The major strategy for negotiations was set down in November 2000, the Commission tabled a priority schedule ("road map") for the organisation of further negotiations until June 2002, and individual annual reports on each of the candidate countries. The road map indicated target dates for the adoption of common positions by the Union on individual chapters with the most advanced candidates so as to reach provisional agreement when the conditions are met.
The Nice European Council endorsed this strategy and added
“ together with the completion of the Intergovernmental Conference on institutional reform, will place the Union, in accordance with the objective set by the European Council in Helsinki, in a position to welcome those new Member States which are ready as from the end of 2002, in the hope that they will be able to take part in the next European Parliament elections”.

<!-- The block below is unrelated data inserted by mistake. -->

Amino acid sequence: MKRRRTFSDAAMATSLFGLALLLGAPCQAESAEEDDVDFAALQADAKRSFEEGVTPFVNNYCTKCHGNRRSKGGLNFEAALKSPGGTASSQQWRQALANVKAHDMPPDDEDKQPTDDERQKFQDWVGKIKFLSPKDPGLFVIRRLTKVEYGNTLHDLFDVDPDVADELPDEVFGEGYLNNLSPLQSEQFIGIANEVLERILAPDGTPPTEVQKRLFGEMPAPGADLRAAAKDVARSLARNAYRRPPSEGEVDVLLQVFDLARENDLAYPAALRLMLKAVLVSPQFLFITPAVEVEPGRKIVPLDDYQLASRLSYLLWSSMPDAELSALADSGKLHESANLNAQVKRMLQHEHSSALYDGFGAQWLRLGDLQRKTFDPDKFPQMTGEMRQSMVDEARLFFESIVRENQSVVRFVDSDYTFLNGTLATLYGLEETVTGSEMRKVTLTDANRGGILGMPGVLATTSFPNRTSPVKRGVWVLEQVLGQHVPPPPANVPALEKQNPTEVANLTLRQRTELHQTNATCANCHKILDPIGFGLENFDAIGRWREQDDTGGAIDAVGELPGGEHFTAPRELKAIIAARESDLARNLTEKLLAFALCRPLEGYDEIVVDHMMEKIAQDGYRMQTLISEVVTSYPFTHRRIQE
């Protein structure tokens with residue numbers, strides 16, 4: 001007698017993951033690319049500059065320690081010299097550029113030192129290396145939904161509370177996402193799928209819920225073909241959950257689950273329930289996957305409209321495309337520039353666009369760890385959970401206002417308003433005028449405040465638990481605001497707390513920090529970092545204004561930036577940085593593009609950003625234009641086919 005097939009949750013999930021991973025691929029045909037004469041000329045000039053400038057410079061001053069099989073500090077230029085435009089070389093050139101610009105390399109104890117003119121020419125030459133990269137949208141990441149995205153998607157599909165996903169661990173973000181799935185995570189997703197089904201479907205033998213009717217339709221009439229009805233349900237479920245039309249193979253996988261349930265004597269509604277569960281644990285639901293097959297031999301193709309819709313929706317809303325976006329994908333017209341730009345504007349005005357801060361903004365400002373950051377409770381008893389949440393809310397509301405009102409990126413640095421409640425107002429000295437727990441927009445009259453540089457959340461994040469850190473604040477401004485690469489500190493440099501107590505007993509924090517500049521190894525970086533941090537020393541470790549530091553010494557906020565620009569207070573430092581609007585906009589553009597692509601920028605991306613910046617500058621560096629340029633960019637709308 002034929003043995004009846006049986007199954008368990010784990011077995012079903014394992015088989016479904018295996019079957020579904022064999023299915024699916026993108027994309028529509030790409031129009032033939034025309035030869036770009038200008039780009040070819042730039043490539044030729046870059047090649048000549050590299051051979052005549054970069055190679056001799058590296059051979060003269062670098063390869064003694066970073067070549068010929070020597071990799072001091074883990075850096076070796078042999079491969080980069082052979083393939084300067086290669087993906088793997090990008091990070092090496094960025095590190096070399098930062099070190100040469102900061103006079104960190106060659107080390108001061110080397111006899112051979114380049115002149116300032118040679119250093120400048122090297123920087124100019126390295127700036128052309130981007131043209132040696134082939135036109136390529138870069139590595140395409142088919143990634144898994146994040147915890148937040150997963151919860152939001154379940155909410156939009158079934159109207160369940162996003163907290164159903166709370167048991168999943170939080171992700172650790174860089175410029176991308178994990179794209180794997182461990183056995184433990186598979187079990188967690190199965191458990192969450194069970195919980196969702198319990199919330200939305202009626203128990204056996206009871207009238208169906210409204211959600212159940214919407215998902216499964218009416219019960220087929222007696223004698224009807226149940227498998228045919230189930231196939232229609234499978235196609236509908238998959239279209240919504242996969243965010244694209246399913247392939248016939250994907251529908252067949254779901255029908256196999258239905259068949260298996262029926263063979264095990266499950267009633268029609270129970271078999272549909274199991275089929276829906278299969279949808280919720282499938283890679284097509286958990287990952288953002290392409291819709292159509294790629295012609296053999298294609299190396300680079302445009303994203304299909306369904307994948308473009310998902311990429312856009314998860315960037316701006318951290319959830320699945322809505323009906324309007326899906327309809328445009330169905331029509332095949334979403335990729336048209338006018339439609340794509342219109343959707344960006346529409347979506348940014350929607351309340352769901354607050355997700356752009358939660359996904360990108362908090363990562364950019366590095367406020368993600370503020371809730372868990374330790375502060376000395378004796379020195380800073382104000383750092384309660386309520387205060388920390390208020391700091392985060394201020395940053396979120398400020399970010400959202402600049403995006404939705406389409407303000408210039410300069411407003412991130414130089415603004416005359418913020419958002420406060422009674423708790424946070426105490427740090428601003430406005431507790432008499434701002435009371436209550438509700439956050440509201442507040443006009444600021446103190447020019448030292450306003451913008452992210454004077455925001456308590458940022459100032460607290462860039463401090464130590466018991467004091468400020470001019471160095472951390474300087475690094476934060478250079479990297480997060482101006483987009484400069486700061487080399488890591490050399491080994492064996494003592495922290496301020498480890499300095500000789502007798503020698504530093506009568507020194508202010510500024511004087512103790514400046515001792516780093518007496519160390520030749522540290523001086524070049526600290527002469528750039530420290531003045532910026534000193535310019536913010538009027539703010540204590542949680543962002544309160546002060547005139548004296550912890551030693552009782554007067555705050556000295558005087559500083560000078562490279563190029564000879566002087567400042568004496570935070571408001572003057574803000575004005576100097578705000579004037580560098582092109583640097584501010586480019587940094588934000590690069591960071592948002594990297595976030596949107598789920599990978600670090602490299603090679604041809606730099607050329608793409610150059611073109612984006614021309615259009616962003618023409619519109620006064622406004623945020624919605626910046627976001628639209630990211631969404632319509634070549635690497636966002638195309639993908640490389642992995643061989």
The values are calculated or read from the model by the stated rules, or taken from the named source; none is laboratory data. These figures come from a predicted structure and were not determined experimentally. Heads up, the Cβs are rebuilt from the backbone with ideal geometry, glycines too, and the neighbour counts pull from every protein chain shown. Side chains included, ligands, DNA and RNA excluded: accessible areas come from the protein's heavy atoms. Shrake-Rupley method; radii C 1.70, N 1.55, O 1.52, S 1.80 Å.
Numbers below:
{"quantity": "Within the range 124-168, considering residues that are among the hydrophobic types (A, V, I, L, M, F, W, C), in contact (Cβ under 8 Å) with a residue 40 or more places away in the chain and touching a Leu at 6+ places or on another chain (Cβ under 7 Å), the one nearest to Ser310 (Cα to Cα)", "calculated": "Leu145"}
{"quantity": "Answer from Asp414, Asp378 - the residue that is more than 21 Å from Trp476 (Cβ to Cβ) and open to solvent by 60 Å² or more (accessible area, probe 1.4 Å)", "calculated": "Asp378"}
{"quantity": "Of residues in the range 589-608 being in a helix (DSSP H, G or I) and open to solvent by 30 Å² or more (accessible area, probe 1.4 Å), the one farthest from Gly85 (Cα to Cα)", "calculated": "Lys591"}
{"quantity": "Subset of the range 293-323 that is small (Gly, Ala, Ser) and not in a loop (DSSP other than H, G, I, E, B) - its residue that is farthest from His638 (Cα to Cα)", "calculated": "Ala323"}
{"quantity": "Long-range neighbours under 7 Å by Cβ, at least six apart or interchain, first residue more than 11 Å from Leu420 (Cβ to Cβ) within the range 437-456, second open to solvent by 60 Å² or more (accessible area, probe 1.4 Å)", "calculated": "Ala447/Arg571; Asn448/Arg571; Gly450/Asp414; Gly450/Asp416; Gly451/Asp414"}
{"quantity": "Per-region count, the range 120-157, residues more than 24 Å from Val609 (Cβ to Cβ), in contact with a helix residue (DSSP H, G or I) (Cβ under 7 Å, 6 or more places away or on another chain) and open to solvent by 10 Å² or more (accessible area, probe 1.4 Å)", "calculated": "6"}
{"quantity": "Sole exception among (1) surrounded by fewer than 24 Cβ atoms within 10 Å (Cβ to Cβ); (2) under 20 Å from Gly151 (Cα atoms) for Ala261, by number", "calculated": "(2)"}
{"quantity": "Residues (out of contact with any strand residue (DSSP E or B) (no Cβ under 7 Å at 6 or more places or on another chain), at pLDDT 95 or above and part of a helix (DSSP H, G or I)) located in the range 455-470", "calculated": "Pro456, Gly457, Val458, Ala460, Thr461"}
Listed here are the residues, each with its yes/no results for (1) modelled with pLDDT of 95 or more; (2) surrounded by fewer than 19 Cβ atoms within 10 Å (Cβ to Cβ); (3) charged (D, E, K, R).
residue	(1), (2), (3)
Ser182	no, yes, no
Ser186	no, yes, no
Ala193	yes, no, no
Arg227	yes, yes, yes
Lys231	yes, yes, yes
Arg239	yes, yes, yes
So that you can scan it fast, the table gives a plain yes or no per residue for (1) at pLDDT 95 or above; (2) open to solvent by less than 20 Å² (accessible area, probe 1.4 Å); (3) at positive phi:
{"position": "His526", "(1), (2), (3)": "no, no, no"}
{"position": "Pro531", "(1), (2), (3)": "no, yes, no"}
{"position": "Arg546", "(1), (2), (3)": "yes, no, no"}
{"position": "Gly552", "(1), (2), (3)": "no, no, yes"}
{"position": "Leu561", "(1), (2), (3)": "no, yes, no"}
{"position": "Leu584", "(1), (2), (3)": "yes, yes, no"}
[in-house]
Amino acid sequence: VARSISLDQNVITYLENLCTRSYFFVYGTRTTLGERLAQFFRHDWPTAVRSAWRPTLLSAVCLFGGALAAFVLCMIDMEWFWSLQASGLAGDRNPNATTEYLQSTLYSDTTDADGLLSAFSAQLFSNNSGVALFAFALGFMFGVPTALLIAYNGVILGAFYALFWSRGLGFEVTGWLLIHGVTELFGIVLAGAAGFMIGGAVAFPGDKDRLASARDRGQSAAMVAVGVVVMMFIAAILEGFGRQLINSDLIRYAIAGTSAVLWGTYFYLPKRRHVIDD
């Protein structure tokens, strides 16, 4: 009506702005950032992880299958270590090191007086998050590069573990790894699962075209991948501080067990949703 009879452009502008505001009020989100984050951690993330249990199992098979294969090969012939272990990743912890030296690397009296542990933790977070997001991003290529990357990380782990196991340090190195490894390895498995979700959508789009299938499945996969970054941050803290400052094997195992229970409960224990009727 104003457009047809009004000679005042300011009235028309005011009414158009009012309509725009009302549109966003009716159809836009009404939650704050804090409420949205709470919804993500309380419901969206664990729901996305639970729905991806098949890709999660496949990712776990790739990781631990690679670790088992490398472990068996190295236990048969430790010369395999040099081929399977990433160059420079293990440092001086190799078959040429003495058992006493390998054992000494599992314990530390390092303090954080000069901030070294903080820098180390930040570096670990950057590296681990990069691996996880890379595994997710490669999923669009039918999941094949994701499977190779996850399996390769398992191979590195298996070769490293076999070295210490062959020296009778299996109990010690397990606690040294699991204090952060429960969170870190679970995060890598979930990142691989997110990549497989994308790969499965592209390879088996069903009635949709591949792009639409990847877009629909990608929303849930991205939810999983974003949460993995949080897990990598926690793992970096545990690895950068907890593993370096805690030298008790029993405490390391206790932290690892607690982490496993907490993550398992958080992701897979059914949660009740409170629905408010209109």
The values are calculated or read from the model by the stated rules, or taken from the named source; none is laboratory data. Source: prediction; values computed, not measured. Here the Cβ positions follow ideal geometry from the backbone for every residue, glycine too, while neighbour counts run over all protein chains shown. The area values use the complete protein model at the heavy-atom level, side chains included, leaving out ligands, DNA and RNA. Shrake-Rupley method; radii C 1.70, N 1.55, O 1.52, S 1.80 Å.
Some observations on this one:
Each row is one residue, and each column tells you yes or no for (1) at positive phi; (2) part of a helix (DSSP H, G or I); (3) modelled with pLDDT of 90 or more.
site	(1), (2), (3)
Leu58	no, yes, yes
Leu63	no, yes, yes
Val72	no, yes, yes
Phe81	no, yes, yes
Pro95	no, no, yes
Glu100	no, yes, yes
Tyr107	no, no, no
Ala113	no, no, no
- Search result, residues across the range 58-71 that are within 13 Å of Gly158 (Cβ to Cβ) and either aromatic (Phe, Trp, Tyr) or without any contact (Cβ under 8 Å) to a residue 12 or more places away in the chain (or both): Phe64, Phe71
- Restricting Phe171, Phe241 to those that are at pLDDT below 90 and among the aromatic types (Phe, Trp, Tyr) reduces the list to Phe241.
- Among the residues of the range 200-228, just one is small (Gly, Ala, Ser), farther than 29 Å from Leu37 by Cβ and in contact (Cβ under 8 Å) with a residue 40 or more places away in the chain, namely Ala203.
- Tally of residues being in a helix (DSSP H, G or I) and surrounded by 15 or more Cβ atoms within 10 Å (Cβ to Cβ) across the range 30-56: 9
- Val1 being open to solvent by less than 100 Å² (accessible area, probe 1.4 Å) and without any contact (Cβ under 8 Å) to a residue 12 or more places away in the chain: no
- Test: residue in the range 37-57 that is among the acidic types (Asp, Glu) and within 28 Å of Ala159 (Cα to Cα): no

The Seville European Council in June 2002 was able to conclude that ten countries were ready to conclude by the end of that year. This happened on schedule in December in Copenhagen.
The negotiations were long and hard. No country secured everything it wanted in negotiations - we didn't in our negotiations in the early 1970s. But that is not the point; the European Union is an organic entity evolving and changing as its positions procedures and regulations are honed by internal debate and discussion. It is a unique institution which advances by compromise and agreement and not by force majeure or the diktat of the strong. It is precisely because of its momentum on all fronts that the negotiations have grown more complex with each succeeding enlargement as the acquis has grown.
Ireland's approach to the negotiations involved a close monitoring of the whole enlargement process, including the accession negotiations in policy areas that directly concern us, such as Agriculture, Regional Policy, the Institutions. We also followed policy developments in other Member States and the overall situation in the candidate countries.